Patterico's Pontifications

12/16/2009

Florida Political Races Tighten

Filed under: Politics — DRJ @ 8:02 pm



[Guest post by DRJ]

Two new Rasmussen Florida polls show the Governor’s race and the Republican primary in the Senate race are getting closer. First, the Governor’s race:

“According to a Rasmussen reports telephone survey out today, Florida’s governor’s race is beginning to heat up between Republican state Attorney General Bill McCollum and Democrat Alex Sink. McCollum leads 44%-39%, but that’s down from an 11-point lead in October when he was ahead 46%-35%.”

And now for the GOP Senate primary:

“Another Rasmussen report poll, which was released yesterday, shows Florida Gov. Charlie Crist and former state House speaker Marco Rubio neck and neck in the Republican primary for the U.S. Senate. Each has 43% of the vote, with 9% of those polled saying they are still undecided.”

Rubio is a Tea Party favorite and Rasmussen describes the Senate race as “a test of the new ‘Tea Party’ mood among many conservative and traditionally Republican voters.” Read together, these races suggest there is significant anti-incumbent sentiment in Florida right now. That’s probably true of America, too.

— DRJ

6 Responses to “Florida Political Races Tighten”

  1. it would make me feel immensely more better about Team R if they had the sense to nominate Mr. Rubio

    happyfeet (2c63dd)

  2. “Team R” doesn’t make the pick…
    The voters in Florida registered as Republicans do.
    The GOP Establishment in DC has already annoited Christ.
    Something about counting chicks before they hatch, I think.

    AD - RtR/OS! (e12e24)

  3. After the NY 23 fiasco, I’m glad the TEA party folks get another stab at making their mark inside the GOP before the major nationwide elections. They beat the odds in NY, but we need an actual victory to feel confident that the GOP is being repaired.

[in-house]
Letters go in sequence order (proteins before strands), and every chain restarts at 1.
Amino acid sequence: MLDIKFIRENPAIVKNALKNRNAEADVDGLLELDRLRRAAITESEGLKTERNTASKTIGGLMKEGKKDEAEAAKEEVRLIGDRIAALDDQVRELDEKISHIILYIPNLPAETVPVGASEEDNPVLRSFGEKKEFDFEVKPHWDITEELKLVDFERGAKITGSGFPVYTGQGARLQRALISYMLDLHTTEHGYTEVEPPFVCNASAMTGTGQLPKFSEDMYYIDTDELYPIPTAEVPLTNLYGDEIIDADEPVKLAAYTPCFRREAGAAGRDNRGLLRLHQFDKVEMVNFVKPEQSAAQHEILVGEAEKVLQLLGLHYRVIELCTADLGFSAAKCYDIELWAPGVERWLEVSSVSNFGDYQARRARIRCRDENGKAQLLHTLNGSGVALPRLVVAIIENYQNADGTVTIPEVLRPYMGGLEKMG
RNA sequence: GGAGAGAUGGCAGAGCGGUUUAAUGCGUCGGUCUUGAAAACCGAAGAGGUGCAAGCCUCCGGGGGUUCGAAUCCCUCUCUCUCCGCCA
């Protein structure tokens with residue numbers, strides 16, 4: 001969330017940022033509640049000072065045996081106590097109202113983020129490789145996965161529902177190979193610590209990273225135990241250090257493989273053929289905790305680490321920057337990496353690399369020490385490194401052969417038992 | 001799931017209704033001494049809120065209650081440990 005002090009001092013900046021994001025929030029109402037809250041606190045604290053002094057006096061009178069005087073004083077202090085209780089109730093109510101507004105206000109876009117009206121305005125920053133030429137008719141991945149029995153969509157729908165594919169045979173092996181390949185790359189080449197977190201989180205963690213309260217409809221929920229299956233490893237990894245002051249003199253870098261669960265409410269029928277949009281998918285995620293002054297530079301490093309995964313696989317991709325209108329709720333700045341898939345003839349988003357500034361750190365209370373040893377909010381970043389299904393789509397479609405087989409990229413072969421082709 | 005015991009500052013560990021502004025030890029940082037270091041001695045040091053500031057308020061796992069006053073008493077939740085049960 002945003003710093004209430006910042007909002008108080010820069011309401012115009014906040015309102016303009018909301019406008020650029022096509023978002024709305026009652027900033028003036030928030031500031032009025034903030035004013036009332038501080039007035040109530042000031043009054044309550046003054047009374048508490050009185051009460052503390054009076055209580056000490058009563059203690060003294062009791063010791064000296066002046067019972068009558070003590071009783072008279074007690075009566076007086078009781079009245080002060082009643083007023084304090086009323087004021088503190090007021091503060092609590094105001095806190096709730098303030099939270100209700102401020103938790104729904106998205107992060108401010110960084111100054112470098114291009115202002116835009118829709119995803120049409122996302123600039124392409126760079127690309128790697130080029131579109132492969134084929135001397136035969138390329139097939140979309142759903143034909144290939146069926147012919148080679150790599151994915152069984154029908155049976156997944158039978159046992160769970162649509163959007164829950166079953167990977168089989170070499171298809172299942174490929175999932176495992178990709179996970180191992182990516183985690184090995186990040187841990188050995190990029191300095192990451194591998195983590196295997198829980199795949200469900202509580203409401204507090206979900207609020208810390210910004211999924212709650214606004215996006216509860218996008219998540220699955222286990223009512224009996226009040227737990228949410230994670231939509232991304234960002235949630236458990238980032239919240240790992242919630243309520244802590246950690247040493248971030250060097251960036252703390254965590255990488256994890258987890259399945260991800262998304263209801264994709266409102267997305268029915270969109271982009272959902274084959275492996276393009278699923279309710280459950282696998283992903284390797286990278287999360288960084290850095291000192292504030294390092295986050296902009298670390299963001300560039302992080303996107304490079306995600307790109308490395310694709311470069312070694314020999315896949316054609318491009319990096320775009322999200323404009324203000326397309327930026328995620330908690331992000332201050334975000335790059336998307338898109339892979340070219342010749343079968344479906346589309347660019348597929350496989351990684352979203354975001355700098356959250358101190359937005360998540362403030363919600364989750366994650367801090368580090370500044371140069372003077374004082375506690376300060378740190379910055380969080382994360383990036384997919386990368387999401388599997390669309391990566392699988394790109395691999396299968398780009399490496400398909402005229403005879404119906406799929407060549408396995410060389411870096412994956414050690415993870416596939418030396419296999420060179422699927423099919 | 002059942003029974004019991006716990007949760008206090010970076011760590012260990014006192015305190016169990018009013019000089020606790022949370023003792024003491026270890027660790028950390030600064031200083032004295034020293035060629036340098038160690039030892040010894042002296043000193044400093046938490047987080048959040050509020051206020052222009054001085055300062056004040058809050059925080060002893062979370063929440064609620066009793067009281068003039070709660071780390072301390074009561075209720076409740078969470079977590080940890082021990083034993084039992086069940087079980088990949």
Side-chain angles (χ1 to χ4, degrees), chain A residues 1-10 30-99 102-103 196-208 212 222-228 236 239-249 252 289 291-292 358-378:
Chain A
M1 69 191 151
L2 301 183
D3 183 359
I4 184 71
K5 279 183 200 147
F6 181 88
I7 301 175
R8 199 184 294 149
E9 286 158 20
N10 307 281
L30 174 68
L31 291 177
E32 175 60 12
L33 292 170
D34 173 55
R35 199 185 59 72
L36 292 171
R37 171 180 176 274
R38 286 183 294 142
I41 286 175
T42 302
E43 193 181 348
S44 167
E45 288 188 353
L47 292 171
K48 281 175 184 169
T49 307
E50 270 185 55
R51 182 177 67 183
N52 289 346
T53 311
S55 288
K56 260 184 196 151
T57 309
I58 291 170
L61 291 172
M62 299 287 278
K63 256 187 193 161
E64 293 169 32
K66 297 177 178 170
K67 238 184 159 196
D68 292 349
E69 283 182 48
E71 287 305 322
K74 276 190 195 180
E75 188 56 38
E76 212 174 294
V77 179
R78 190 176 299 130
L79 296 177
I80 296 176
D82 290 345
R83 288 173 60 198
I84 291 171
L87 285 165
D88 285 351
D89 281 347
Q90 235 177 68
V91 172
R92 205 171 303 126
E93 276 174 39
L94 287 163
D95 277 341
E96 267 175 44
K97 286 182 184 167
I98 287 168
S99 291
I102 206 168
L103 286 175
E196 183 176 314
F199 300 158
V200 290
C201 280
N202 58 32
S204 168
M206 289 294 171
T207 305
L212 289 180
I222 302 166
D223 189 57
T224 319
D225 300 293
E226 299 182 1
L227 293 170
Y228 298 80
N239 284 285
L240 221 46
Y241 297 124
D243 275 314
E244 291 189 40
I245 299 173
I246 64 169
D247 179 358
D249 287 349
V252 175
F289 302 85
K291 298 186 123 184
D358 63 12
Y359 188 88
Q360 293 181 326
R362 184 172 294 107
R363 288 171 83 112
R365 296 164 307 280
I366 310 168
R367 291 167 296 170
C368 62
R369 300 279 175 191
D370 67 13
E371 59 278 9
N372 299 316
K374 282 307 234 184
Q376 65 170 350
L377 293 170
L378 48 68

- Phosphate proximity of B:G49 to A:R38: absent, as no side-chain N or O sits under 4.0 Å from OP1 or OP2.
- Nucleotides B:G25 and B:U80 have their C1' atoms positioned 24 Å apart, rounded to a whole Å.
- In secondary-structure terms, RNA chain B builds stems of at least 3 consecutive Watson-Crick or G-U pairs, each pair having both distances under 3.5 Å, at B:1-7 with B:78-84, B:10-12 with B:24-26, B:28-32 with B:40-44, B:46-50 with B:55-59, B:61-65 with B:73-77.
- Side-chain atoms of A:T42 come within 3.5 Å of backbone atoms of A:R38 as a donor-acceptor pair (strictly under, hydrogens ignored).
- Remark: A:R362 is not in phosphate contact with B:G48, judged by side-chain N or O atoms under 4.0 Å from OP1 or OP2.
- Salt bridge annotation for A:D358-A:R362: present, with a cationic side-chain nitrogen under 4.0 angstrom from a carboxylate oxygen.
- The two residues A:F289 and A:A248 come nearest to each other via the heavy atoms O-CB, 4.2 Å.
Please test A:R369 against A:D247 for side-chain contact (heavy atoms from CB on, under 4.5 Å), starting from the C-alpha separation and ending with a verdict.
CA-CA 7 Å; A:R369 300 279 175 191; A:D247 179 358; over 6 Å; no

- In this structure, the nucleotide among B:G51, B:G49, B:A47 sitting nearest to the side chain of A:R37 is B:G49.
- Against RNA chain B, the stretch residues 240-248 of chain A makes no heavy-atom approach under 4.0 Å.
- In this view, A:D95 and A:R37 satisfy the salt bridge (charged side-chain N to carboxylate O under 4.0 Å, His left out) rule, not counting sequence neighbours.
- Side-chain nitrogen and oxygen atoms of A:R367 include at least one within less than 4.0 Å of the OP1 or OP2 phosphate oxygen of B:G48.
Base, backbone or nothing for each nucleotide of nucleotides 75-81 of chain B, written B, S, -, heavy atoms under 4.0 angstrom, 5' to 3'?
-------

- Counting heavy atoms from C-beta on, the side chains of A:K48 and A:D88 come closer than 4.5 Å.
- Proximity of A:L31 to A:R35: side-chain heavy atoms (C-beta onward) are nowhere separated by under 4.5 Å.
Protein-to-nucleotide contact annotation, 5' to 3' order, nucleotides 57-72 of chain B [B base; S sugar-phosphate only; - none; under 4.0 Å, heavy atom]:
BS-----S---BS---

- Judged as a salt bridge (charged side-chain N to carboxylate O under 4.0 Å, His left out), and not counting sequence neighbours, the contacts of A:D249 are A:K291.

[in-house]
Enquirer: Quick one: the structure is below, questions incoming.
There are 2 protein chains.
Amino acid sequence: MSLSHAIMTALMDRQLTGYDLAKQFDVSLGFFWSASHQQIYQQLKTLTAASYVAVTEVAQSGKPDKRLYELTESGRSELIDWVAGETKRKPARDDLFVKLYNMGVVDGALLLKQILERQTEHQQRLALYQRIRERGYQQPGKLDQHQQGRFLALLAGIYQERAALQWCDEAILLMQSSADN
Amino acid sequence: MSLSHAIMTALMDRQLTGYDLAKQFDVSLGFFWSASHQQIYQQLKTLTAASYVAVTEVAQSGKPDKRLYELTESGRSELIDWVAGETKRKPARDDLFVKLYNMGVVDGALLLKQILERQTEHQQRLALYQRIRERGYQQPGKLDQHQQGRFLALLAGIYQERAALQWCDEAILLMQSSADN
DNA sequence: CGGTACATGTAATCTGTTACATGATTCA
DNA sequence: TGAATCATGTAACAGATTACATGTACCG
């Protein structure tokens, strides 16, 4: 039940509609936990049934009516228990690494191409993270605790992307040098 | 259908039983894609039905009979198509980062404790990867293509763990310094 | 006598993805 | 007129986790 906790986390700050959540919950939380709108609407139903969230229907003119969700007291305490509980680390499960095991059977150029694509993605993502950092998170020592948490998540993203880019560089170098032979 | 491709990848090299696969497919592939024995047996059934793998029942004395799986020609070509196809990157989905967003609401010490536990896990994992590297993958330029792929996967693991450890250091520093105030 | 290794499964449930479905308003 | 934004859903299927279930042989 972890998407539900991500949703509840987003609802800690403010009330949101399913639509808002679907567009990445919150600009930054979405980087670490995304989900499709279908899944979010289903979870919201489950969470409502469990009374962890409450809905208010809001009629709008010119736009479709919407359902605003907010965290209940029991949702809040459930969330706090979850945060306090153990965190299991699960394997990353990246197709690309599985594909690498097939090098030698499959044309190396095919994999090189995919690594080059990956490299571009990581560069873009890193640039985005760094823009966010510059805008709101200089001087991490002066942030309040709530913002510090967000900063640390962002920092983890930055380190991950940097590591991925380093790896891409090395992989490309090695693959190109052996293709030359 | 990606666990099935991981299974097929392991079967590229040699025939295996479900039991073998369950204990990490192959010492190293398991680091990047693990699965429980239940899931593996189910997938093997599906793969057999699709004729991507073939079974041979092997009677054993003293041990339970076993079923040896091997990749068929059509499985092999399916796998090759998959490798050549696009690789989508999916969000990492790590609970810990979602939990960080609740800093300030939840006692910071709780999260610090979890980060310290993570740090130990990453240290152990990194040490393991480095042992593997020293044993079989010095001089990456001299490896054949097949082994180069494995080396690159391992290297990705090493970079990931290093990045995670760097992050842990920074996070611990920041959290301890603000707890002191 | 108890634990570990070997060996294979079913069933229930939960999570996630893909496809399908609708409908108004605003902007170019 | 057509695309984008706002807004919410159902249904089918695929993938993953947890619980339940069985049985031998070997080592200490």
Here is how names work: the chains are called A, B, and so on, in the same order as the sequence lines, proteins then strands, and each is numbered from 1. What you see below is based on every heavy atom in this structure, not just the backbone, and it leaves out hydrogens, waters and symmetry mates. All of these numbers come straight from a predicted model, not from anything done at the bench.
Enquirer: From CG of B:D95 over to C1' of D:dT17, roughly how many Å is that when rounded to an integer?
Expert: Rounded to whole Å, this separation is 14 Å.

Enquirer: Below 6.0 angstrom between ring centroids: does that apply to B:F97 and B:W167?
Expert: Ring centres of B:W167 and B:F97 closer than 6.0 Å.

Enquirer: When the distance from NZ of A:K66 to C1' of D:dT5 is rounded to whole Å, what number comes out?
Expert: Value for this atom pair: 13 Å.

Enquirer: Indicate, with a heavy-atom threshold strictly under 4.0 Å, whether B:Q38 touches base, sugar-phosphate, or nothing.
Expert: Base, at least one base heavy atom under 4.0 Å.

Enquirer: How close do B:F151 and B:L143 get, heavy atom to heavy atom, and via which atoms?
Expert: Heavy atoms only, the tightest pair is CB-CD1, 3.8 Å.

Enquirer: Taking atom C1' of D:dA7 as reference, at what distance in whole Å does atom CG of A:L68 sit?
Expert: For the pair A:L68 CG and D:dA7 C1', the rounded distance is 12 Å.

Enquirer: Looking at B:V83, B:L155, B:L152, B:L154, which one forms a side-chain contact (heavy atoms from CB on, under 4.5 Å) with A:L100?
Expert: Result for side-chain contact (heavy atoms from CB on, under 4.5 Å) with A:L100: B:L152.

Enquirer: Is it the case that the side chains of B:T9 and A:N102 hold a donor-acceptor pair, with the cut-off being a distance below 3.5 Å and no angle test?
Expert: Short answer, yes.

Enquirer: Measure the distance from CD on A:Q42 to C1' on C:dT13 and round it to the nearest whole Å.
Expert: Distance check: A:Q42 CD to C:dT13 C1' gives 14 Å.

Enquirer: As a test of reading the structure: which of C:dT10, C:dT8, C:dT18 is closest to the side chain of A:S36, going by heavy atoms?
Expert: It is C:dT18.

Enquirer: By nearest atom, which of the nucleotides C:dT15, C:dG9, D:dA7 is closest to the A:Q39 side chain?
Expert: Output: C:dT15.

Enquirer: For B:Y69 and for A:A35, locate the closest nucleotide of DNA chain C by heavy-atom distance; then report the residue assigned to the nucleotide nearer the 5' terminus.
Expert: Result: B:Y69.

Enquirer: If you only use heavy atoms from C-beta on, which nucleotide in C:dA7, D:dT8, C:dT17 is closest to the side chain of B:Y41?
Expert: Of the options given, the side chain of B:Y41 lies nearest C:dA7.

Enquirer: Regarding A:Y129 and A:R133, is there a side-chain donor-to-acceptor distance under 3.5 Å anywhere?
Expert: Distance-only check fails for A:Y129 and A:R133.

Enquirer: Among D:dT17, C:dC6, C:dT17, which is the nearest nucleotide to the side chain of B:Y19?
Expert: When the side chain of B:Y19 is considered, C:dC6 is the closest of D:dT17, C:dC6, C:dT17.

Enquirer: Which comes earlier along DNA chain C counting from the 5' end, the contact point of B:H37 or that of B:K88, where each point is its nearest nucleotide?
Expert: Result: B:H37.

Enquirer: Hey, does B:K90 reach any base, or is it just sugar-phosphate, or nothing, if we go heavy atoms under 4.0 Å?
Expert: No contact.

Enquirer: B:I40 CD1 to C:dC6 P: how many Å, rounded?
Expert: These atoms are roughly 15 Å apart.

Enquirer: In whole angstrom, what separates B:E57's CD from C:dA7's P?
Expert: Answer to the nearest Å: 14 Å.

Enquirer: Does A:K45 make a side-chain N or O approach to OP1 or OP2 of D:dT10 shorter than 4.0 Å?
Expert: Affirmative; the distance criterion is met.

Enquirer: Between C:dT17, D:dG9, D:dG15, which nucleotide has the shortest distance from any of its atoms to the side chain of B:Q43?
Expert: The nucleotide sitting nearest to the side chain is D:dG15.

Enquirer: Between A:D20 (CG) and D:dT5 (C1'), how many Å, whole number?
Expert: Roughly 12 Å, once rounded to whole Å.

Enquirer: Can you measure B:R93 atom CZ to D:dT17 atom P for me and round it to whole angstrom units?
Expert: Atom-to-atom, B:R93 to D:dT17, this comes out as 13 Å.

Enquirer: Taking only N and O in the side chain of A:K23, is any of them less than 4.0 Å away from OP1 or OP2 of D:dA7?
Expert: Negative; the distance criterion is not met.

Republicans like Christ just don’t make any sense. It’s a compromised calculation. I guess there’s no way to really get a credible TEA endorsement. Whoever the beltway hates, I guess, gets the de facto endorsement.

    I missed the reason Mel Martinez resigned. A single seat has a serious impact on the Senate, so was there a reason he did this?

    Dustin (44f8cb)

  4. His reason was a bit incomprehensible; or was that his reasoning?
    Perhaps both?
    He had probably reached his “Peter Principle”, and it was just too uncomfortable to continue.

    AD - RtR/OS! (e12e24)

  5. look for the MFM and the party hacks to push the RINOs and smear the conservatives.

    redc1c4 (fb8750)

  6. True, DRJ, the anti-incumbent sentiment in Florida now is already palpable, however if Congress passes a $600 billion cut in Medicare, the repercussions up and down the peninsula will reach proportions unknown since the deluge.

    Any significant Medicare cut and ostensible incumbent Charlie Crist starts looking like Dede Scozzafava in drag. It may not be entirely fair, but if the shoe fits, it’s going to be “Sorry Charlie.”

    Messing with Medicare is political dynamite anywhere, but it Florida the dynamite is particularly unstable.

    ropelight (800568)


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